Sometimes a person who gets drunk can perform functions their friends might regard as ordinary, like carrying on a conversation or driving a car - but the drunkard might have no memory of those things and those periods of amnesia, commonly known as "blackouts", can last from a few minutes to several hours.
Researchers writing in the Journal of Neuroscience say they have identified the brain cells involved in blackouts and the molecular mechanism that appears to underlie them. Exposure to large amounts of alcohol does not necessarily kill brain cells as once was thought, they say, and instead alcohol interferes with key receptors in the brain, which in turn manufacture steroids that inhibit long-term potentiation (LTP), a process that strengthens the connections between neurons and is crucial to learning and memory.
Various receptors involved in the cascade interfere with synaptic plasticity in the brain's hippocampus, which is known to be important in cognitive function. Just as plastic bends and can be molded into different shapes, synaptic plasticity is a term scientists use to describe the changeable properties of synapses, the sites where nerve cells connect and communicate. LTP is the synaptic mechanism that underlies memory formation.
The brain cells affected by alcohol are found in the hippocampus and other brain structures involved in advanced cognitive functions. The researchers studied slices of the hippocampus from the rat brain. When they treated hippocampal cells with moderate amounts of alcohol, LTP was unaffected, but exposing the cells to large amounts of alcohol inhibited the memory formation mechanism.
"It takes a lot of alcohol to block LTP and memory," says senior investigator Charles F. Zorumski, MD, the Samuel B. Guze Professor and head of the Department of Psychiatry. "But the mechanism isn't straightforward. The alcohol triggers these receptors to behave in seemingly contradictory ways, and that's what actually blocks the neural signals that create memories. It also may explain why individuals who get highly intoxicated don't remember what they did the night before."
But not all NMDA receptors are blocked by alcohol. Instead, their activity is cut roughly in half.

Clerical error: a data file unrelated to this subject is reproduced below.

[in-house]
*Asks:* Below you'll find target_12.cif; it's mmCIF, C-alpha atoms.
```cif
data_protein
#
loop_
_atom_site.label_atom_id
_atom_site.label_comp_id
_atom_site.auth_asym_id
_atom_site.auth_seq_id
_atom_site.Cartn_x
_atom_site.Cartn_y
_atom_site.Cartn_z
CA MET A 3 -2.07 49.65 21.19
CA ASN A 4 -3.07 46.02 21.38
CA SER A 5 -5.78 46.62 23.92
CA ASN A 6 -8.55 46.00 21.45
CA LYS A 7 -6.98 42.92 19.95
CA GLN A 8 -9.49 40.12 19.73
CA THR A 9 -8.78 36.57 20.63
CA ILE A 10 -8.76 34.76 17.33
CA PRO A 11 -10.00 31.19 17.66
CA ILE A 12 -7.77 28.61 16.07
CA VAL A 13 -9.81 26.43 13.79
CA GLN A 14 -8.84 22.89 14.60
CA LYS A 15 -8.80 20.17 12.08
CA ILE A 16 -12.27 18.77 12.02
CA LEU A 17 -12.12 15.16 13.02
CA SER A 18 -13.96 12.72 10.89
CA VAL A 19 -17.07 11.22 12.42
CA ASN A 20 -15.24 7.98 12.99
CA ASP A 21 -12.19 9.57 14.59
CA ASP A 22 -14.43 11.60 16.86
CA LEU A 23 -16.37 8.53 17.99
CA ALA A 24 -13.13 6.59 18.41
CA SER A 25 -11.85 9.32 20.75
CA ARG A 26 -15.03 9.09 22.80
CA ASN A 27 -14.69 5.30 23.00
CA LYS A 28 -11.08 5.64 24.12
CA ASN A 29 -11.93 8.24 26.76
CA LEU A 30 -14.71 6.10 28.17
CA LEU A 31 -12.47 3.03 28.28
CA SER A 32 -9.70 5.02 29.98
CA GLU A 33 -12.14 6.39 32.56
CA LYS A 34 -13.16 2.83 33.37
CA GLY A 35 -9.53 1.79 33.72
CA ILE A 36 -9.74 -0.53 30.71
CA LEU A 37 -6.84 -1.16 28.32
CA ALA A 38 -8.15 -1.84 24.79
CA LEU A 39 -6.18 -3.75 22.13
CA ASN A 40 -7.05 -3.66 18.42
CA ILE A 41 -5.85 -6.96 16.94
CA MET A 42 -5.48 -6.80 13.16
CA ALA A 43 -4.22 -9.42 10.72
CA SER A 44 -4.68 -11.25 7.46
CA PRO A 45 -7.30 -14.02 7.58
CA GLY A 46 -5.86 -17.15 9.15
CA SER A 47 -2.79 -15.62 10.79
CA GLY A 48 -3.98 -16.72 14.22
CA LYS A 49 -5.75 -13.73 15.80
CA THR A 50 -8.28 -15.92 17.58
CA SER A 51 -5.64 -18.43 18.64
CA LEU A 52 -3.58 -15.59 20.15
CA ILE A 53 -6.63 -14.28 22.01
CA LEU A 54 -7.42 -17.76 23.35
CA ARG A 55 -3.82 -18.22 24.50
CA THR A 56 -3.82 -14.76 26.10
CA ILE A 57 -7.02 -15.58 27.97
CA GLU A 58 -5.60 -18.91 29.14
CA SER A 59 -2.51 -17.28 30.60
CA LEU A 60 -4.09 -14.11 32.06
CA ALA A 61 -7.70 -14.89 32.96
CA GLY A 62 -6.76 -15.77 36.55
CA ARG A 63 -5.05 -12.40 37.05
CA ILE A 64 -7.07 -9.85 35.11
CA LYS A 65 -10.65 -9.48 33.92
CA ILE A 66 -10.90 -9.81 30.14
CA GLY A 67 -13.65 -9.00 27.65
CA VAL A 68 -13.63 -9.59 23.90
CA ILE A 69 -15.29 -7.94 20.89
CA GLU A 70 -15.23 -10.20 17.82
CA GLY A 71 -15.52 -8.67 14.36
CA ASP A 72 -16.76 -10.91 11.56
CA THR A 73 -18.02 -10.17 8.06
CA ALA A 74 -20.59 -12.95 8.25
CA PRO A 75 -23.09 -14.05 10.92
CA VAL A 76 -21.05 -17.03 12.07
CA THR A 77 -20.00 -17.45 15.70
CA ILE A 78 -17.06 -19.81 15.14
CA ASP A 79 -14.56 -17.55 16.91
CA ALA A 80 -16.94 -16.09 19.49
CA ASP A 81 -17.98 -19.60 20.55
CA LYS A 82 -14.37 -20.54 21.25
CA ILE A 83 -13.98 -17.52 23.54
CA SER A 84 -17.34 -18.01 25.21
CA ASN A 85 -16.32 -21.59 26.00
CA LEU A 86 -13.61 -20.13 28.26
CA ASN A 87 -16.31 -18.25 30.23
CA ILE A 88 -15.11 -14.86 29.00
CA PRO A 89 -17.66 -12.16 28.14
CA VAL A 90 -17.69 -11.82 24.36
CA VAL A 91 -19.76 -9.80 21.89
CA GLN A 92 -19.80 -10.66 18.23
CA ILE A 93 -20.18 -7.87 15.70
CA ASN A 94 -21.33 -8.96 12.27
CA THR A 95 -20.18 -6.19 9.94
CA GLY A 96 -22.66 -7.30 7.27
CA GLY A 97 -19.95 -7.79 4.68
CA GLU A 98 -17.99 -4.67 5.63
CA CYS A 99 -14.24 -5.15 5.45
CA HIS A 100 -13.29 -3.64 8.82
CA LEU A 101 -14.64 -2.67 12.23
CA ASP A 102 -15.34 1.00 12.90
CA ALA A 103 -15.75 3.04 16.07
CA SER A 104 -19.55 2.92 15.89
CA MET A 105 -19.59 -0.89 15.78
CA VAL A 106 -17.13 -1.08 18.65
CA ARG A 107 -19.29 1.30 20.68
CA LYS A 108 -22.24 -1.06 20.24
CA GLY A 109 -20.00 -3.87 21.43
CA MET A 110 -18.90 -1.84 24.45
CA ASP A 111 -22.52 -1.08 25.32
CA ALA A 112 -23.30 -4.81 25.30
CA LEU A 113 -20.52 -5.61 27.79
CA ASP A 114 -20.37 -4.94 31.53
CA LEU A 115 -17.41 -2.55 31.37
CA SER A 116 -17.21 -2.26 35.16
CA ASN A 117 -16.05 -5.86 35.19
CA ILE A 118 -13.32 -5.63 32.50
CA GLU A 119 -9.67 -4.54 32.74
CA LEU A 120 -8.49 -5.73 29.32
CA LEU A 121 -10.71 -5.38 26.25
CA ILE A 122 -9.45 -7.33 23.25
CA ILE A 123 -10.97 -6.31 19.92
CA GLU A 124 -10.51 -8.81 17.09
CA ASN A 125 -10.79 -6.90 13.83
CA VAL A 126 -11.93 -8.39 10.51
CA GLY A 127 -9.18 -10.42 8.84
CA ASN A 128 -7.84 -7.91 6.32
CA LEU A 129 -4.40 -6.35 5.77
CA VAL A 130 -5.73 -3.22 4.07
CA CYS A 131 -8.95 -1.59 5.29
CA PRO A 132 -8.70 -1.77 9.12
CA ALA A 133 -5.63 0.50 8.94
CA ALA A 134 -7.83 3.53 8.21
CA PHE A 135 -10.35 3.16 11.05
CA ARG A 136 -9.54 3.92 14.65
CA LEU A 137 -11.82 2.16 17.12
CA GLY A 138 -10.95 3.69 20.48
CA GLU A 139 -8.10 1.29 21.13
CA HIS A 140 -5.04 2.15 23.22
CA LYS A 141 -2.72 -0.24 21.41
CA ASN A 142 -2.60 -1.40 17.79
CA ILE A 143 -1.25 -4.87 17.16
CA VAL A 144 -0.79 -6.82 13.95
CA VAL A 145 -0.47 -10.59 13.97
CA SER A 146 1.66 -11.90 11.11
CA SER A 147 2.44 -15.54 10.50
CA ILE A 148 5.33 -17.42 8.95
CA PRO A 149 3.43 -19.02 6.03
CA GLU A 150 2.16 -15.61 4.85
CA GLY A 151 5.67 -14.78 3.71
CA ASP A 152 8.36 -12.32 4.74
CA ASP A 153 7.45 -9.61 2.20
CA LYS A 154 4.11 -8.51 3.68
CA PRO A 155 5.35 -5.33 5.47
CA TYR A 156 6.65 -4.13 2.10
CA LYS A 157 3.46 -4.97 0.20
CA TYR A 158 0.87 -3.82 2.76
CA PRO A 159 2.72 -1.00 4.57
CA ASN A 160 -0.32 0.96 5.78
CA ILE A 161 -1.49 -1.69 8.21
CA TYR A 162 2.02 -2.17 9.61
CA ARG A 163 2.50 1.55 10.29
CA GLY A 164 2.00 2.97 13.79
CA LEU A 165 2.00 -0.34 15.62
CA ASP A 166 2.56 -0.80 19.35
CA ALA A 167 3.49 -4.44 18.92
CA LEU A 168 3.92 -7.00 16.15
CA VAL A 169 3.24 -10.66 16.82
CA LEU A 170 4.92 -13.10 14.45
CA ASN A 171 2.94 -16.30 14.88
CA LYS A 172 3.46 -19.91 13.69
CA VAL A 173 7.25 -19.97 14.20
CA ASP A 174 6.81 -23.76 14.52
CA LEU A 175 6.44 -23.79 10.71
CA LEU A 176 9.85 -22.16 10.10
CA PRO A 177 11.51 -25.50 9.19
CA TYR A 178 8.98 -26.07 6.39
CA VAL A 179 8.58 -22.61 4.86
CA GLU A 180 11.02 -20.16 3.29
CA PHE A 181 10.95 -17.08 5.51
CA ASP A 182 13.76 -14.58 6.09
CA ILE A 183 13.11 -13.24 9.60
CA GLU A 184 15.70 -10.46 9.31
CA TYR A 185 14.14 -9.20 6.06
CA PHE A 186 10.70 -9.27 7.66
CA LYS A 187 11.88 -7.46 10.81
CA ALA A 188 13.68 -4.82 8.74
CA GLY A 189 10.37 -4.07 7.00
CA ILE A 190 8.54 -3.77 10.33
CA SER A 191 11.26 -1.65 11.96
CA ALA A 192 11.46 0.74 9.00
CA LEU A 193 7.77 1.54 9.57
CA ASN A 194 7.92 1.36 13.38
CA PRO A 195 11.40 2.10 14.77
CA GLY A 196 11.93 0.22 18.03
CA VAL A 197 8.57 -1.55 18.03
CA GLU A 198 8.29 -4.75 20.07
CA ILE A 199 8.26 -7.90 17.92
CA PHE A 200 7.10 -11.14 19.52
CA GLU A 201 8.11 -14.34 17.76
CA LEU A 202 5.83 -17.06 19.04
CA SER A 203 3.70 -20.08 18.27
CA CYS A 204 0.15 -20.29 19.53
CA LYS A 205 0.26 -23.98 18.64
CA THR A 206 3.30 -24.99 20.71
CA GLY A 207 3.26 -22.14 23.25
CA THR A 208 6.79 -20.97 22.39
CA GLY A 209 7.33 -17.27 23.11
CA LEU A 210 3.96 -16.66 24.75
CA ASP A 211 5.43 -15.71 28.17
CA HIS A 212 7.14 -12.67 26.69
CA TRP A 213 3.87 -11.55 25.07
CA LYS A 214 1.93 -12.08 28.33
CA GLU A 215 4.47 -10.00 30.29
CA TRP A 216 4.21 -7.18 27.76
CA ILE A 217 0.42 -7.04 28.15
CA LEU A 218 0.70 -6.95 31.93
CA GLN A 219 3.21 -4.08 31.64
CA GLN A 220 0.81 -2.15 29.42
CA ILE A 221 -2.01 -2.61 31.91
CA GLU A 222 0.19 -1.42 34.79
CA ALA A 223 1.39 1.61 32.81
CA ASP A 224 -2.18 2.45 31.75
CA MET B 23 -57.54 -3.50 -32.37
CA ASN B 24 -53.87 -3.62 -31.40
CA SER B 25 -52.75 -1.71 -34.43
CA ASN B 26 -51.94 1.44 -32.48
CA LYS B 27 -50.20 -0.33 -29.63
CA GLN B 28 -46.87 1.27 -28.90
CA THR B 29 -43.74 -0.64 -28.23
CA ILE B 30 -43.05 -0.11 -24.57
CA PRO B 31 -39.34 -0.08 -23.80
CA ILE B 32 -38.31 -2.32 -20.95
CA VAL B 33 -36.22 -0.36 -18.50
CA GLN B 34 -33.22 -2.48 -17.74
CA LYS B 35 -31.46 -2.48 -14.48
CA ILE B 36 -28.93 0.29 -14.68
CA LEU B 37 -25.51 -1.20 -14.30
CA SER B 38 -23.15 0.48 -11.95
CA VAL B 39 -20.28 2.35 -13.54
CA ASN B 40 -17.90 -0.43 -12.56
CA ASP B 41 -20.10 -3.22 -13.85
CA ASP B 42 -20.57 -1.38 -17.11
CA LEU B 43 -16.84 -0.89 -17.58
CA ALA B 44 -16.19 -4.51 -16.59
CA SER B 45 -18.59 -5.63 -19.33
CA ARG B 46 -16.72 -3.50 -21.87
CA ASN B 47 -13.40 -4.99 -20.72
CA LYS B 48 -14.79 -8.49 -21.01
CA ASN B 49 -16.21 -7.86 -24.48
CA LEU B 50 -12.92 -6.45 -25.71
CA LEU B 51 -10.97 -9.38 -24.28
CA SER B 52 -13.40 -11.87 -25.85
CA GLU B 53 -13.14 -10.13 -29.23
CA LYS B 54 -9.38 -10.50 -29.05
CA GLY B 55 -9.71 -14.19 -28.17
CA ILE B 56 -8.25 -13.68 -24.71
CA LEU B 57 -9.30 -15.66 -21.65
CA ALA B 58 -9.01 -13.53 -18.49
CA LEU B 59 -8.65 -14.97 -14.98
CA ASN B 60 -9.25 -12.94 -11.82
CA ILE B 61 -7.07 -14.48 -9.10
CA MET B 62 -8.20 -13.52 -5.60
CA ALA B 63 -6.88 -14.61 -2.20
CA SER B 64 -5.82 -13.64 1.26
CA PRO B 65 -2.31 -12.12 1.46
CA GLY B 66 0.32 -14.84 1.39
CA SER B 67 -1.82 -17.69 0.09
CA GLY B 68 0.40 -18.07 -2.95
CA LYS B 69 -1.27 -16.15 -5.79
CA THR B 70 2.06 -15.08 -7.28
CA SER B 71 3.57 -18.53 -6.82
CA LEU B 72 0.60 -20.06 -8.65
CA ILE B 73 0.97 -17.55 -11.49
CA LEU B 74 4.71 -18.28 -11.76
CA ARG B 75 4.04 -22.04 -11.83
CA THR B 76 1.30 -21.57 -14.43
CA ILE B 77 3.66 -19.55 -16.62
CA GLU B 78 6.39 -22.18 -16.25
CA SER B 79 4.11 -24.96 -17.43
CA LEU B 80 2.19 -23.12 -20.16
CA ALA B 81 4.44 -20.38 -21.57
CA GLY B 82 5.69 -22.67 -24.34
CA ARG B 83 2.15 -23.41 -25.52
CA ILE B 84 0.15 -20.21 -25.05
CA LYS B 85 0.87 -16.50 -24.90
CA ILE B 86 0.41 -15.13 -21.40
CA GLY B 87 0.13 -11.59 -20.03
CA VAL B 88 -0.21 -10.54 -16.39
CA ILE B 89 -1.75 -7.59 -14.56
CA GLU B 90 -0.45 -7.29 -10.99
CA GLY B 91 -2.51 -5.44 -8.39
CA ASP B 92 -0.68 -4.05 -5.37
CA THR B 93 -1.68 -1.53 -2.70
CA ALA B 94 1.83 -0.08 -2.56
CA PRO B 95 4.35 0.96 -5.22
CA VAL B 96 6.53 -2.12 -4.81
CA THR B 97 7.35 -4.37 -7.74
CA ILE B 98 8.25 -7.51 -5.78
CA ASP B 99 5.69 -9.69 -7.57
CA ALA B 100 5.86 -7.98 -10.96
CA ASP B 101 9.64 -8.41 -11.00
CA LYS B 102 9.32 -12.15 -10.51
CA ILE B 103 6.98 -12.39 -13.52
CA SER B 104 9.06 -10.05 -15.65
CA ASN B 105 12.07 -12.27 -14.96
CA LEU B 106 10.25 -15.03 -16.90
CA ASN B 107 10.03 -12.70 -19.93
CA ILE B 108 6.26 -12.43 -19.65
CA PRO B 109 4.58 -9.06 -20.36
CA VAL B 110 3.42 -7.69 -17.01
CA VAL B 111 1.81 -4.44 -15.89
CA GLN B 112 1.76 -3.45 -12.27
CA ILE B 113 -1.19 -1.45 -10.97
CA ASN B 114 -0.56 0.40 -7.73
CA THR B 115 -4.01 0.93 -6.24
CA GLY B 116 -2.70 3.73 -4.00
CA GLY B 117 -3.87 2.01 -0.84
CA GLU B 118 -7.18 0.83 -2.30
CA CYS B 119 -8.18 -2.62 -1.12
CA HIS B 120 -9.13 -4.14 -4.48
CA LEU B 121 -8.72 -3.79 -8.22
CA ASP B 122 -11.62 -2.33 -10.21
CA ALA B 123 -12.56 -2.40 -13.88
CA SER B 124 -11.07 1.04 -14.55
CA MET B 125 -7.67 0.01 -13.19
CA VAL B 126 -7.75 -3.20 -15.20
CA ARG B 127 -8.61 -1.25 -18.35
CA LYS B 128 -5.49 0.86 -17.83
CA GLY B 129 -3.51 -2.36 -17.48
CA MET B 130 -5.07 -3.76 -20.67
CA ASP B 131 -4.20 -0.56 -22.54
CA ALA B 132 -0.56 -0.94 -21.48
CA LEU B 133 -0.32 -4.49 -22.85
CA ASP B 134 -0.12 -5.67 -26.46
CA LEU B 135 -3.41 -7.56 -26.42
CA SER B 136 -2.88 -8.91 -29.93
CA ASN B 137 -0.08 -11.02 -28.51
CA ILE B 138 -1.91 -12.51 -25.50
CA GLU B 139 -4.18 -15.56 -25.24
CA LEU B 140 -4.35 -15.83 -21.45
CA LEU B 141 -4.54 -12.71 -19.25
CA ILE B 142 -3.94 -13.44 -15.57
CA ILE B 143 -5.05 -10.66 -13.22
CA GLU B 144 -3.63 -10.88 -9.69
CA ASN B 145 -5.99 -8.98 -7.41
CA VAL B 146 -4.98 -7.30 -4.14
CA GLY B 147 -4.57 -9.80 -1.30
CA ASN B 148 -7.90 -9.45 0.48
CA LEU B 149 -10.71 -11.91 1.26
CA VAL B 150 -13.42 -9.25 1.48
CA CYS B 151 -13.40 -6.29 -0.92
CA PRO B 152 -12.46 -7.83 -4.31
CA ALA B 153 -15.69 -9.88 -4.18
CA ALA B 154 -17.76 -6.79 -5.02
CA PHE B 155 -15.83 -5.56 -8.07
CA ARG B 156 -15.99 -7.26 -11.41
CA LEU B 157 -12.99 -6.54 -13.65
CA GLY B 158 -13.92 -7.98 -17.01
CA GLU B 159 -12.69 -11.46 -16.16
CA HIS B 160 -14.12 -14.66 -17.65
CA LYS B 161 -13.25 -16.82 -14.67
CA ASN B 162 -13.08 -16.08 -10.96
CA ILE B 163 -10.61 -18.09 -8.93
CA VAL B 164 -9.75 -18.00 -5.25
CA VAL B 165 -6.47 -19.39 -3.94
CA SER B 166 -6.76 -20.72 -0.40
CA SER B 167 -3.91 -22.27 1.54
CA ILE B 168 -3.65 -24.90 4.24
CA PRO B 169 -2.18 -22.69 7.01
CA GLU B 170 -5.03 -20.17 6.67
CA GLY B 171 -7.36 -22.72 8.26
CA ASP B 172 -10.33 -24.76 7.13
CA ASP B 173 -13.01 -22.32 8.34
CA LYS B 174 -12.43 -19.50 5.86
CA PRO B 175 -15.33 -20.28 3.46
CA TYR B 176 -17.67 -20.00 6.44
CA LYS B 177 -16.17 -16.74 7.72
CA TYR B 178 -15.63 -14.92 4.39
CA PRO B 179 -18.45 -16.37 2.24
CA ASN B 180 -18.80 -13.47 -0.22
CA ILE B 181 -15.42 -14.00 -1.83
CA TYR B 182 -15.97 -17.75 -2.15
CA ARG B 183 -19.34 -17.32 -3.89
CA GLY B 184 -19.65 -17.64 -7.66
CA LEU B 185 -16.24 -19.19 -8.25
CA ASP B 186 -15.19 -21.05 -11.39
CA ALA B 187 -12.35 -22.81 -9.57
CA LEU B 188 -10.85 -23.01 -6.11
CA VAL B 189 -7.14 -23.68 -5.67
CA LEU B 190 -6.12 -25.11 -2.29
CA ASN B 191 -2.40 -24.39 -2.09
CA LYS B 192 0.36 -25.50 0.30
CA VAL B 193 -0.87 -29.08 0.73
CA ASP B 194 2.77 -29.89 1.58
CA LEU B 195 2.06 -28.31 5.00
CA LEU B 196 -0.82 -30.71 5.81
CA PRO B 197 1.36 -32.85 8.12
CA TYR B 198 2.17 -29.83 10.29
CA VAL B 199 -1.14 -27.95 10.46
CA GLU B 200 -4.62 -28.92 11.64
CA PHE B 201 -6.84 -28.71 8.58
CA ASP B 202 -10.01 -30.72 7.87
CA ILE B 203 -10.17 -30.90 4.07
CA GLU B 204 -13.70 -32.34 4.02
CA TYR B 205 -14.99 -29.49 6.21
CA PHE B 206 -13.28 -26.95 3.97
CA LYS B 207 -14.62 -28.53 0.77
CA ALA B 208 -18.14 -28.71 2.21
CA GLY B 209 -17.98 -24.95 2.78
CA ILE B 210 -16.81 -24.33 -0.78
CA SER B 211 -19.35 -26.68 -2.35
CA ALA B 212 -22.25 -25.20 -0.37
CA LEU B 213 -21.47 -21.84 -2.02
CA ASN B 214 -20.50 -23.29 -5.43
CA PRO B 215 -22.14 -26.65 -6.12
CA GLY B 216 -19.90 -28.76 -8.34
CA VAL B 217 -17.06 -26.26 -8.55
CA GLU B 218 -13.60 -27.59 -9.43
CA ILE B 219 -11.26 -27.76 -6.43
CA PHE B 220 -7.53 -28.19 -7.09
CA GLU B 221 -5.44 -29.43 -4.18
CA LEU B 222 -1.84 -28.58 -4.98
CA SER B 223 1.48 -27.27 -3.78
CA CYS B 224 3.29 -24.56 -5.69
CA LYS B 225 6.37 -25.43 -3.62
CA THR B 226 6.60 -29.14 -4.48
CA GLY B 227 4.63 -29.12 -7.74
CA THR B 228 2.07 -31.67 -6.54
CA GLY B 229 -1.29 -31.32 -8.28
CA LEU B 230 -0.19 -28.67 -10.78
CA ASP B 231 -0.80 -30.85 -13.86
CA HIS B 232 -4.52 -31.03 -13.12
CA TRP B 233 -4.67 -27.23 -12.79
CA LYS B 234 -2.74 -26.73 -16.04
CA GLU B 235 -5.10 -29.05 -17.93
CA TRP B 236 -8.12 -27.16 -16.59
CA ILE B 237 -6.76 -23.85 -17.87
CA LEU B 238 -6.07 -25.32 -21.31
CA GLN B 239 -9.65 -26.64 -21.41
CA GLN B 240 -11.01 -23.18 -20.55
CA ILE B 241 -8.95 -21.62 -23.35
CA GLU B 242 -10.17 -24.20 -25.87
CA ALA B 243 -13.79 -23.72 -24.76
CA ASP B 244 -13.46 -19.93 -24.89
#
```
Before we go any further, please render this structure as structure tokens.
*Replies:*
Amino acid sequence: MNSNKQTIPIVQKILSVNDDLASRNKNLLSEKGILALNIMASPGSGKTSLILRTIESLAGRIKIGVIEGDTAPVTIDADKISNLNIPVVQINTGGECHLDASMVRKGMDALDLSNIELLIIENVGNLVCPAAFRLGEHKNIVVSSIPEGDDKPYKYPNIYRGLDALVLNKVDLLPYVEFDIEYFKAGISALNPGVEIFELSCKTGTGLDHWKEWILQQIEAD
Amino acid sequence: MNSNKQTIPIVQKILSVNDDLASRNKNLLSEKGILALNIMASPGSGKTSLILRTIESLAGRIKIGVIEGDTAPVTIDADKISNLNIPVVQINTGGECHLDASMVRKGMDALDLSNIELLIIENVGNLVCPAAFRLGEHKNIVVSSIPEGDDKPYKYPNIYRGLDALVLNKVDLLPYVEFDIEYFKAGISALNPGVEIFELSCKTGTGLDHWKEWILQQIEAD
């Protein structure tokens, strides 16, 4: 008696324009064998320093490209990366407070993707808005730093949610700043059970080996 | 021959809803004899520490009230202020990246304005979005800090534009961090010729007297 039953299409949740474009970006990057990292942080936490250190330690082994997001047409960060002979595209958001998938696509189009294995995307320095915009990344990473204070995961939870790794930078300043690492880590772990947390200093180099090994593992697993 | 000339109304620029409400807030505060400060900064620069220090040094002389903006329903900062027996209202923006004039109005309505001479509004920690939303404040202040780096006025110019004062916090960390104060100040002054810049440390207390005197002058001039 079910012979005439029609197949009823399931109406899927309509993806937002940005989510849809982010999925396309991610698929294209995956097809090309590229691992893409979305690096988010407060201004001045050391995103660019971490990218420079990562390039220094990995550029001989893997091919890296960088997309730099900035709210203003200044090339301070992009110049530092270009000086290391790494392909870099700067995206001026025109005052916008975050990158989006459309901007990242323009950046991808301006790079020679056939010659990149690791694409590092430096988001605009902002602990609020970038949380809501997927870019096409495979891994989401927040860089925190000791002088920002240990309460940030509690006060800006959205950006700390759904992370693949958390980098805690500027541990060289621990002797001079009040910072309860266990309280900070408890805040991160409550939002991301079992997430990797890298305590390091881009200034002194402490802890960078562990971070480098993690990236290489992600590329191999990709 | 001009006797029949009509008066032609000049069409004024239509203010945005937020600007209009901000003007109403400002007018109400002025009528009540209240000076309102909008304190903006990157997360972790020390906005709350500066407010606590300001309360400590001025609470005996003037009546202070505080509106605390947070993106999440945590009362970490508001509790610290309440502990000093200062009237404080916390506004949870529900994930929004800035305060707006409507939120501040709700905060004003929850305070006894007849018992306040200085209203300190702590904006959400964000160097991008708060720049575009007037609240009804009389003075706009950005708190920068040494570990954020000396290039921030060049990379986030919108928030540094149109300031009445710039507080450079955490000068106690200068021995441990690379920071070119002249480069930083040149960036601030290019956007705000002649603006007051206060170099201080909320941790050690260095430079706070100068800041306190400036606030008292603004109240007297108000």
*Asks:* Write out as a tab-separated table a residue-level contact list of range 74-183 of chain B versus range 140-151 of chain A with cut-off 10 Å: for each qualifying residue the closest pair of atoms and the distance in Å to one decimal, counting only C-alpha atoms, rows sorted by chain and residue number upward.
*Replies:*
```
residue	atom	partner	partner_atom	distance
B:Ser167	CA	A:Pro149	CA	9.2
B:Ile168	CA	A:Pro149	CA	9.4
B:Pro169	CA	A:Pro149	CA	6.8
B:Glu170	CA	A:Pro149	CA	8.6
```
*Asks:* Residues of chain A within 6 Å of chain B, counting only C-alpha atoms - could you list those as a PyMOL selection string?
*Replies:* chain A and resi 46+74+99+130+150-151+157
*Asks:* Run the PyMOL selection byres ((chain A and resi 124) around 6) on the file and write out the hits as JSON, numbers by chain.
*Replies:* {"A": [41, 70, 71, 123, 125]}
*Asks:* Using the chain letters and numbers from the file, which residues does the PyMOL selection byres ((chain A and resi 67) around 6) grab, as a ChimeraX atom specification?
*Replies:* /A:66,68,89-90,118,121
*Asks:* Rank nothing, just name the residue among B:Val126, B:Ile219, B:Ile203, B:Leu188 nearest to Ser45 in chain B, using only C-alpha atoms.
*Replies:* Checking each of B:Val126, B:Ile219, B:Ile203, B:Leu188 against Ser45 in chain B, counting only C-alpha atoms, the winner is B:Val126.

"The exposure to alcohol blocks some NMDA receptors and activates others, which then trigger the neuron to manufacture these steroids," Zorumski says.
The scientists point out that alcohol isn't causing blackouts by killing neurons. Instead, the steroids interfere with synaptic plasticity to impair LTP and memory formation.
"Alcohol isn't damaging the cells in any way that we can detect," Zorumski says. "As a matter of fact, even at the high levels we used here, we don't see any changes in how the brain cells communicate. You still process information. You're not anesthetized. You haven't passed out. But you're not forming new memories."
Stress on the hippocampal cells also can block memory formation. So can consumption of other drugs. When combined, alcohol and certain other drugs are much more likely to cause blackouts than either substance alone.
The researchers found that if they could block the manufacture of steroids by neurons, they also could preserve LTP in the rat hippocampus. And they did that with drugs called 5-alpha-reductase inhibitors. These include finasteride and dutasteride, which are commonly prescribed to reduce a man's enlarged prostate gland. In the brain, however, those substances seem to preserve memory.
"We would expect there may be some differences in the effects of alcohol on patients taking these drugs," Izumi says. "Perhaps men taking the drugs would be less likely to experience intoxication blackouts."
The researchers plan to study 5-alpha-reductase inhibitors to see how easily they get into the brain and to determine whether those drugs, or similar substances, might someday play a role in preserving memory.